Juhi Saklani, from New Delhi, is a freelance writer and has published articles in The Hindu, Scroll, The Wire and Outlook.com, and authored a number of books. Previously she worked as an editor and writer with Outlook Traveller for nearly a decade. Her passion for photography started with taking photographs to support her articles at Outlook Traveller. Her photographs have also exhibited as a part of The Garden Underground at Jor Bagh Metro Station.
Juhi’s project, as a Habitat Photosphere fellow, is on The inseparableness of ‘nature’ and ‘human’. Her photographs will be of beautiful, sculptural trees and roots that grow out of old walls and buildings, out of other trees, or unexpected spaces. The idea is to emphasize the synergy and interconnected-ness of life.
Juhi will be mentored by Aditya Arya.
Thulasi Kakkat, from Kochi, Kerala works as a photojournalist with The Hindu. He has a Diploma in Digital Cinematography from Chetna Media Studies, Kerela, and won the National Military Photo Award in 2011.
Thulasi’s project, as a Habitat Photosphere fellow, focuses on the the eco-cultural significance of Theyyam, a ritualistic form of worship from Kerala. An unmistakable umbilical link existed between Theyyam, with its organic accoutrements drawn from nature, and the biodiversity-rich wilderness of the sacred groves (Kaavus) home to Malabar’s pantheistic deities. A government report published in 1956 had identified some 10,000 Kaavus in various parts of Kerala. Fifty years hence, in 2015, just about 1,200 of them survived. Development has ushered most Theyyams out of what remained of the groves to built structures with open spaces engirdled by high compound walls.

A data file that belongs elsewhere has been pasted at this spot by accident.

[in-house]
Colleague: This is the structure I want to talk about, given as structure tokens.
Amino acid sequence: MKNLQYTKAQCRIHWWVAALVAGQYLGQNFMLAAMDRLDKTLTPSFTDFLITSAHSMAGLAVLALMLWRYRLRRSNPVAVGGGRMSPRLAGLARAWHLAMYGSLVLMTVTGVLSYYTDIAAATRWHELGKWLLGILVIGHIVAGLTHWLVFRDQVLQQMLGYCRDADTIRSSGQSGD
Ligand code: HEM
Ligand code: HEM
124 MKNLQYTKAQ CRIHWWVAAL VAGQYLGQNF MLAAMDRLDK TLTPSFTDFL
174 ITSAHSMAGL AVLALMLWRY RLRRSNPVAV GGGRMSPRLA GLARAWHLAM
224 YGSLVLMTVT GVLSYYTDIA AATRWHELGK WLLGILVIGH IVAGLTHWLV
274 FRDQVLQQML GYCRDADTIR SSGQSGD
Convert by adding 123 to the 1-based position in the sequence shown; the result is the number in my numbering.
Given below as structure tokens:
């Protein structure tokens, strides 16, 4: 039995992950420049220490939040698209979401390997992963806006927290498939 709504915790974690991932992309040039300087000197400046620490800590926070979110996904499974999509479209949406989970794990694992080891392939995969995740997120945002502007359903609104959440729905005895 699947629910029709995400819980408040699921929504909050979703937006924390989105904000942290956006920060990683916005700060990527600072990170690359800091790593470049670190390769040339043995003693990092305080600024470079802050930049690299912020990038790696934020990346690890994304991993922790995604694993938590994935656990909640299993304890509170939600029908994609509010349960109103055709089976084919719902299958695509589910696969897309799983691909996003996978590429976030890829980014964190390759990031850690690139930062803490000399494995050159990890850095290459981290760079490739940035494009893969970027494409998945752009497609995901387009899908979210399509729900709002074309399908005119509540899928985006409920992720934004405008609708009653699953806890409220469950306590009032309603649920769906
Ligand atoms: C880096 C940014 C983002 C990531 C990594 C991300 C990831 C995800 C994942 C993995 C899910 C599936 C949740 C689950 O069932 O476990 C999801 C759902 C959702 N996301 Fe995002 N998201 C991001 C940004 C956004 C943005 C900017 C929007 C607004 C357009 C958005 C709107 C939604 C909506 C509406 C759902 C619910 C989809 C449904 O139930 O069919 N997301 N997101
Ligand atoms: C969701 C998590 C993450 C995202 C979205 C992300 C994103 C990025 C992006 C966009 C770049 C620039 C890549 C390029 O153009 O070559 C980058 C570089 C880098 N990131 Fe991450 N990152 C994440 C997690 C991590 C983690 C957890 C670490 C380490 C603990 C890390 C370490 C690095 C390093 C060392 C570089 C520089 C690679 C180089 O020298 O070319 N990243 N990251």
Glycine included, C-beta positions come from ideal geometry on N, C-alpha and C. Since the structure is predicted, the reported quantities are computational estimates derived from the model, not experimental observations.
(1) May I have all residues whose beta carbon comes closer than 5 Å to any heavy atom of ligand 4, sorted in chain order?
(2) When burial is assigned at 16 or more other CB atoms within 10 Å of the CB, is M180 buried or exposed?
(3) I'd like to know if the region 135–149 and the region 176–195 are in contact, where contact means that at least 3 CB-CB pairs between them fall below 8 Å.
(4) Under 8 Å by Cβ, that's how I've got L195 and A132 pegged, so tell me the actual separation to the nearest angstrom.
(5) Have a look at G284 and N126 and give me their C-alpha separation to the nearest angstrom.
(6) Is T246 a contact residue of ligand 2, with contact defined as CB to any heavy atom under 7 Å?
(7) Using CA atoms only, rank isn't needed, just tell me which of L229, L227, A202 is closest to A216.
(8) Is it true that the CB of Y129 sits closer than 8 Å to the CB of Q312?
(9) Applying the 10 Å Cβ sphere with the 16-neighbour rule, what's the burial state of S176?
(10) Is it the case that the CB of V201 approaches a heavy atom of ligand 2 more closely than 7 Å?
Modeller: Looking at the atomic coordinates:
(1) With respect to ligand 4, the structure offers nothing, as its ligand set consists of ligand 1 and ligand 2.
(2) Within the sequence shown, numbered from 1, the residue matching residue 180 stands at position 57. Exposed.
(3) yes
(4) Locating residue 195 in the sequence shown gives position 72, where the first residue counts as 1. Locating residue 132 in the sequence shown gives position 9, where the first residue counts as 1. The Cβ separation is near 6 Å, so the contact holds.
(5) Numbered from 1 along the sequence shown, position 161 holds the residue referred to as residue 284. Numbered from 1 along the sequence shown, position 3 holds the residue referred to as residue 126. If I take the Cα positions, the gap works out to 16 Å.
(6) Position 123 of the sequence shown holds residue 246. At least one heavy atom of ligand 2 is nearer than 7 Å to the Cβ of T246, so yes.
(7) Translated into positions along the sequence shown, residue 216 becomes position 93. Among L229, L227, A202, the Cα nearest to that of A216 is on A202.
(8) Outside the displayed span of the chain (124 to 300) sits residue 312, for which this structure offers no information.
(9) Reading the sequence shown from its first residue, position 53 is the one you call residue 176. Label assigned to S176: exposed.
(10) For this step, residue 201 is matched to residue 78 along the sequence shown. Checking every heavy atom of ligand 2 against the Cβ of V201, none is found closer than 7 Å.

Thulasi’s aim is to document the surviving Kaavus with their integral Theyyam deities. He will work on this eco-cultural chronicle to sensitize people to the life-sustaining value of the Kaavus and their undeniable role in fighting climate change.
Thulasi will be mentored by Bandeep Singh.
Syed Adnan Ahmed, from Ajmer, Rajasthan does documentary and commercial photography. He received the Neel Dongre Grant for Excellence in Photography 2017. He has also received the NDMC Award for photography and has been a part of the travelling exhibition organized by Girl Count, Beti Bachao Beti Padhao and UN India. His work has exhibited at AIFACS and MF Husain Art Gallery. He has done BFA and MFA in fine arts from Jamia Millia Islamia, New Delhi.
Syed’s project, as a Habitat Photosphere fellow, is on Rooster Combat (A threat to sustainability). The practice of cockfighting is synonymous with bloodbath where organizers and participants cheer the cruel fight between roosters laced with sharp knives and fighting to death. Though rooster fights have been considered illegal there are still some areas across the country practicing this cruel blood sport. Due to the sport’s illegal status, the cock-pits are regularly changed for the Rooster owner’s personal safety.
The aim of this project is to create awareness and sensitize people to the threat to sustainability by this blood sport. The project will focus on the impact of rooster combat on the animal as well as the communities involved in breeding and betting.
Syed will be mentored by Prabir Purkayastha
Zishaan A Latif, from Mumbai, works as an independent photographer. His photographs have been published in a number of national and international magazines and dailies. He has shot for a number of organizations including UNICEF, Deutche Bank and Aamir Khan Productions. He was a nominee for Prix Pictet in 2016. His photographs have shown across India at various festivals and exhibitions.
Zishaan project titled “Withering”, as a Habitat Photosphere fellow, is an endeavor to document the ‘drowning state of existence ‘ of the river island of Majuli in Assam caused by the mighty Brahmaputra.
The aim is to reflect on the larger consequence of climate change and displacement and with that the disappearing of a mystical ecological example that the world must take cognisance of.
Zishaan will be mentored by Parthiv Shah